Aaron David Miller objects to contempt for domestic political considerations in foreign policy debates:
And in a hot argument about Syria the other day, a former State Department official pronounced that he didn’t give a damn what the American people wanted; the president needed to lead and intervene militarily. So let me get this straight: What the public wants or doesn’t shouldn’t matter? Really?
Kennan was well-known for his dislike of the effects of domestic politics on the conduct of foreign policy, and to a lesser extent many people that specialize in foreign policy sometimes share that view. For his part, Kennan feared populism as a destructive political force, and saw foreign policy becoming the vehicle of the agendas of specific lobbies and interest groups at the expense of a broader national interest. Those are understandable concerns, but there is also a danger of ignoring public opinion too often.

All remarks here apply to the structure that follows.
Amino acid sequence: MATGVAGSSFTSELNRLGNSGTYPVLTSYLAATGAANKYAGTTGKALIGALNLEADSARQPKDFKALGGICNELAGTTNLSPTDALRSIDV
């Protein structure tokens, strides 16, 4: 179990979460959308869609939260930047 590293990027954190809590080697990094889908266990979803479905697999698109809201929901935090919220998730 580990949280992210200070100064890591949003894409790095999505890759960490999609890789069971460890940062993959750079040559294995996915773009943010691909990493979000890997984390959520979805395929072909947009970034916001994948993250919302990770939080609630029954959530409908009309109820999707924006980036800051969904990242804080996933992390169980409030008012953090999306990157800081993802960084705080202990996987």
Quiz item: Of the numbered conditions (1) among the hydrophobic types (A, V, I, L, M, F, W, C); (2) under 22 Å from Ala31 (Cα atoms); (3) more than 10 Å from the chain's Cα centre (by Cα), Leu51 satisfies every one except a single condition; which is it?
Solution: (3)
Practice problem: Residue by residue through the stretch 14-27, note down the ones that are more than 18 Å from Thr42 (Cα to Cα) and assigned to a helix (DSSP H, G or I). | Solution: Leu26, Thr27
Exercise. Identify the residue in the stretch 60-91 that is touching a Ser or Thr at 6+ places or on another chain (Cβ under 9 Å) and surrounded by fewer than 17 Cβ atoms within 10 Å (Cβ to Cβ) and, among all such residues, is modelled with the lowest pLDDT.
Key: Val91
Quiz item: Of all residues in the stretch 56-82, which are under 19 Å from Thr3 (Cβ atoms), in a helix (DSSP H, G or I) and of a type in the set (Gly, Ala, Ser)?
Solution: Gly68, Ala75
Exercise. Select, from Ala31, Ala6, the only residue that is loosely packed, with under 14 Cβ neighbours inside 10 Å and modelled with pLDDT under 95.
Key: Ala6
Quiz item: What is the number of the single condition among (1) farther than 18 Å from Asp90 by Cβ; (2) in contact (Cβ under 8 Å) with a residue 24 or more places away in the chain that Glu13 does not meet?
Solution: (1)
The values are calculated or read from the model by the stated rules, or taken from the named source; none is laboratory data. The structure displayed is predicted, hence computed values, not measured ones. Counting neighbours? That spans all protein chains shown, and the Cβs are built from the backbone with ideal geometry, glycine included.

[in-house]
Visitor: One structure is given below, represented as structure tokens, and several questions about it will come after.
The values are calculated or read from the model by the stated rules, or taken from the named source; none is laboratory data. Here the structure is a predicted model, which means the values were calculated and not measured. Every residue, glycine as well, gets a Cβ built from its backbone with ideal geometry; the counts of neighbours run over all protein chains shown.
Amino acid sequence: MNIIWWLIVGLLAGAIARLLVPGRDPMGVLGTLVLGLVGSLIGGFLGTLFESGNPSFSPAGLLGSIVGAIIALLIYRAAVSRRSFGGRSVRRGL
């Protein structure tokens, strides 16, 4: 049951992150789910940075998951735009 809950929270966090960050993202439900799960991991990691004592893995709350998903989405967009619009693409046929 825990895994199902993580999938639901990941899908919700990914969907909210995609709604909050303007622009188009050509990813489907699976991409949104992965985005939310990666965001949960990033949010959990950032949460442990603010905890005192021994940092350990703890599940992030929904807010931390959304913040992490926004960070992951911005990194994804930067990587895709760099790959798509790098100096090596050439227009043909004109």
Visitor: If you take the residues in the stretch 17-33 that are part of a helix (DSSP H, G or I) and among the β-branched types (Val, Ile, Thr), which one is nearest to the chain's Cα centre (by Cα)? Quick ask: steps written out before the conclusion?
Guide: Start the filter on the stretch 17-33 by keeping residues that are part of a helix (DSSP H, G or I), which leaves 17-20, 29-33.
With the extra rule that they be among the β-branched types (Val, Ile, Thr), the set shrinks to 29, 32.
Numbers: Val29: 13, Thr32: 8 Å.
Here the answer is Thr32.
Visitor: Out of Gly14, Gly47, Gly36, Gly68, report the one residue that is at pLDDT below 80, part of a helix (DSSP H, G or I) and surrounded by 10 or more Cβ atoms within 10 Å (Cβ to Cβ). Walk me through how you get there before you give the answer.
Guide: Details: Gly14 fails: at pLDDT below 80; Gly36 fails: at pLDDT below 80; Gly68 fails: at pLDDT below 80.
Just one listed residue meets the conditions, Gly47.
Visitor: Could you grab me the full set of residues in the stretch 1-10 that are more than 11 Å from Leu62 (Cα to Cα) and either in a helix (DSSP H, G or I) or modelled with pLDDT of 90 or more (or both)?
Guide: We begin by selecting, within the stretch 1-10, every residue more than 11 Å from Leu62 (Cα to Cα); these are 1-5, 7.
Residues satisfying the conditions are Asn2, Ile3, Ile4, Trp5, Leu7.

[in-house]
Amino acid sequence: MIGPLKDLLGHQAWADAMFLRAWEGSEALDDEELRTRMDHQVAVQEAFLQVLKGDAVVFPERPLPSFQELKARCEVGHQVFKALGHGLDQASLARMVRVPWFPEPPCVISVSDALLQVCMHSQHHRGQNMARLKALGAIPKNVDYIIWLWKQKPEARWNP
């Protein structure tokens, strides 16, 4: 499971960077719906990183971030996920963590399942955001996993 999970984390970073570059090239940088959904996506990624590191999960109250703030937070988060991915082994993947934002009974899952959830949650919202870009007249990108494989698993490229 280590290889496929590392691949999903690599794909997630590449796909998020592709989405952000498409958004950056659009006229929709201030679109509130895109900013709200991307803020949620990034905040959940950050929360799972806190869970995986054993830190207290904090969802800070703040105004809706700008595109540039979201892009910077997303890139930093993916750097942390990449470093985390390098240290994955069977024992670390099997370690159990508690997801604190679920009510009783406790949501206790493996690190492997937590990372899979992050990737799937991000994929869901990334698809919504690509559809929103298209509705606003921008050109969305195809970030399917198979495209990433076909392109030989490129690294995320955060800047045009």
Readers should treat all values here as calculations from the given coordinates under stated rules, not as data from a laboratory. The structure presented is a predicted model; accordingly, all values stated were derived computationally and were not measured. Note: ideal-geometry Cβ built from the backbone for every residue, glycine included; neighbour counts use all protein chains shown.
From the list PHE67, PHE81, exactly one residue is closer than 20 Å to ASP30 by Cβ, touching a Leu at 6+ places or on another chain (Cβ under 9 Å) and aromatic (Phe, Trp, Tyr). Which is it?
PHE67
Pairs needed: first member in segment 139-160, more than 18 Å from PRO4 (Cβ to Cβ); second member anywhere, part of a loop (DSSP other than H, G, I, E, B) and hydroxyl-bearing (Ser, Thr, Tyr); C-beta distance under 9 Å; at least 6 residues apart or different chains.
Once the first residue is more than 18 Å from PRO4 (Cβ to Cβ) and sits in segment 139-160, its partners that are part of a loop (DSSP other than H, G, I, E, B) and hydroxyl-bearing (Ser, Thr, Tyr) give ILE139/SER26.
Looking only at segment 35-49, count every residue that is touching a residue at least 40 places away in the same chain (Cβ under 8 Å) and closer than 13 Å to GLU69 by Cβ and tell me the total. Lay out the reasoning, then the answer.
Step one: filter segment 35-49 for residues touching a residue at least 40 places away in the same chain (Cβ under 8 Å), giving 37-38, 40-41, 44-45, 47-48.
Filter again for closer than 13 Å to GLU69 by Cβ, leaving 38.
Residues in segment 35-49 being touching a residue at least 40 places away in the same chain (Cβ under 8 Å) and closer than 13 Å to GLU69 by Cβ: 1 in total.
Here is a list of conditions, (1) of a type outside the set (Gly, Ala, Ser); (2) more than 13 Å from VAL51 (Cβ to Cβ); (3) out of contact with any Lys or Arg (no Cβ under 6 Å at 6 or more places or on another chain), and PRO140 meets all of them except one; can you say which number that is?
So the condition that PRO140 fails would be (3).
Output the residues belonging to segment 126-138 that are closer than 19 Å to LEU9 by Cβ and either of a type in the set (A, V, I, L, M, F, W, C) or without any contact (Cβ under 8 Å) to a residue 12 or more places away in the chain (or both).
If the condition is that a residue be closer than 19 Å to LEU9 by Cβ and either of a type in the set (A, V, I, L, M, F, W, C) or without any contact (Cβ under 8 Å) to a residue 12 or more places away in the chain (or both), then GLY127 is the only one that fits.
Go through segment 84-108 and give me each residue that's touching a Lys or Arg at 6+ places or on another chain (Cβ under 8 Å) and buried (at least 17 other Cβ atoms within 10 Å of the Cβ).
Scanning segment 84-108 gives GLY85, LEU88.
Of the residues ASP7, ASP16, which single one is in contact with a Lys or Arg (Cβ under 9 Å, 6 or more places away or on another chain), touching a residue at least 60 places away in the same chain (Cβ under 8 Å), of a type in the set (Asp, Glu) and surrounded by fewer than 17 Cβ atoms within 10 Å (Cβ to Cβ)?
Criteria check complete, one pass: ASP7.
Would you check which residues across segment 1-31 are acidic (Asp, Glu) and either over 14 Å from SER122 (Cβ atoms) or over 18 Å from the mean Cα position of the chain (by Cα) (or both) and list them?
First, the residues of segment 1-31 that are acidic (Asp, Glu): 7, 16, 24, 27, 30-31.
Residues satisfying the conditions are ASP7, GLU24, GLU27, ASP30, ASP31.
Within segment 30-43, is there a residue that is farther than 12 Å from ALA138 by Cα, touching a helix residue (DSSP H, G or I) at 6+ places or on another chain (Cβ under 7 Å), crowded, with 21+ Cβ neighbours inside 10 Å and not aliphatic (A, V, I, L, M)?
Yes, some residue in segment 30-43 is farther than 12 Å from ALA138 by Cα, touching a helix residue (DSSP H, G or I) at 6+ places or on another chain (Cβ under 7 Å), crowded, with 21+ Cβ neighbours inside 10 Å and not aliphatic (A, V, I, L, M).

Nowadays the negative attitude toward domestic politics is different from Kennan’s in several important ways. First, it usually isn’t rooted in an underlying distrust of democracy. If anything, it stems from an overly idealized conception of how domestic politics should work. Whenever the practice of domestic politics falls short of the ideal of bipartisan “pragmatism,” this is taken as evidence of hopeless political dysfunction at home and it is blamed for much of what ails the country. Foreign policy analysts and writers often seem to suffer from the illusion that the bipartisan consensus on foreign policy is the normal, healthy approach to policy issues, as if it were expected that there shouldn’t be fundamental disagreements in policy debates. It doesn’t often occur to them that the bipartisan consensus on the U.S. role in the world is extremely artificial and can’t be replicated in domestic policy debates. There is a similar contempt for populism, but only when it presents an obstacle to U.S. action overseas. There is a related and misguided admiration for a leadership style that deliberately ignores and overrides public opinion, which we see in Miller’s anecdote about the angry former official. If a president refrains from “acting” abroad because the public doesn’t support it, he is accused of allowing domestic politics to “interfere” with what the supporters of “action” know must be done. Public opinion becomes irrelevant as soon as it becomes too “isolationist” (i.e., not supporting more foreign wars), and when that happens presidents are expected to dismiss it as invalid. Unfortunately, they often do just that.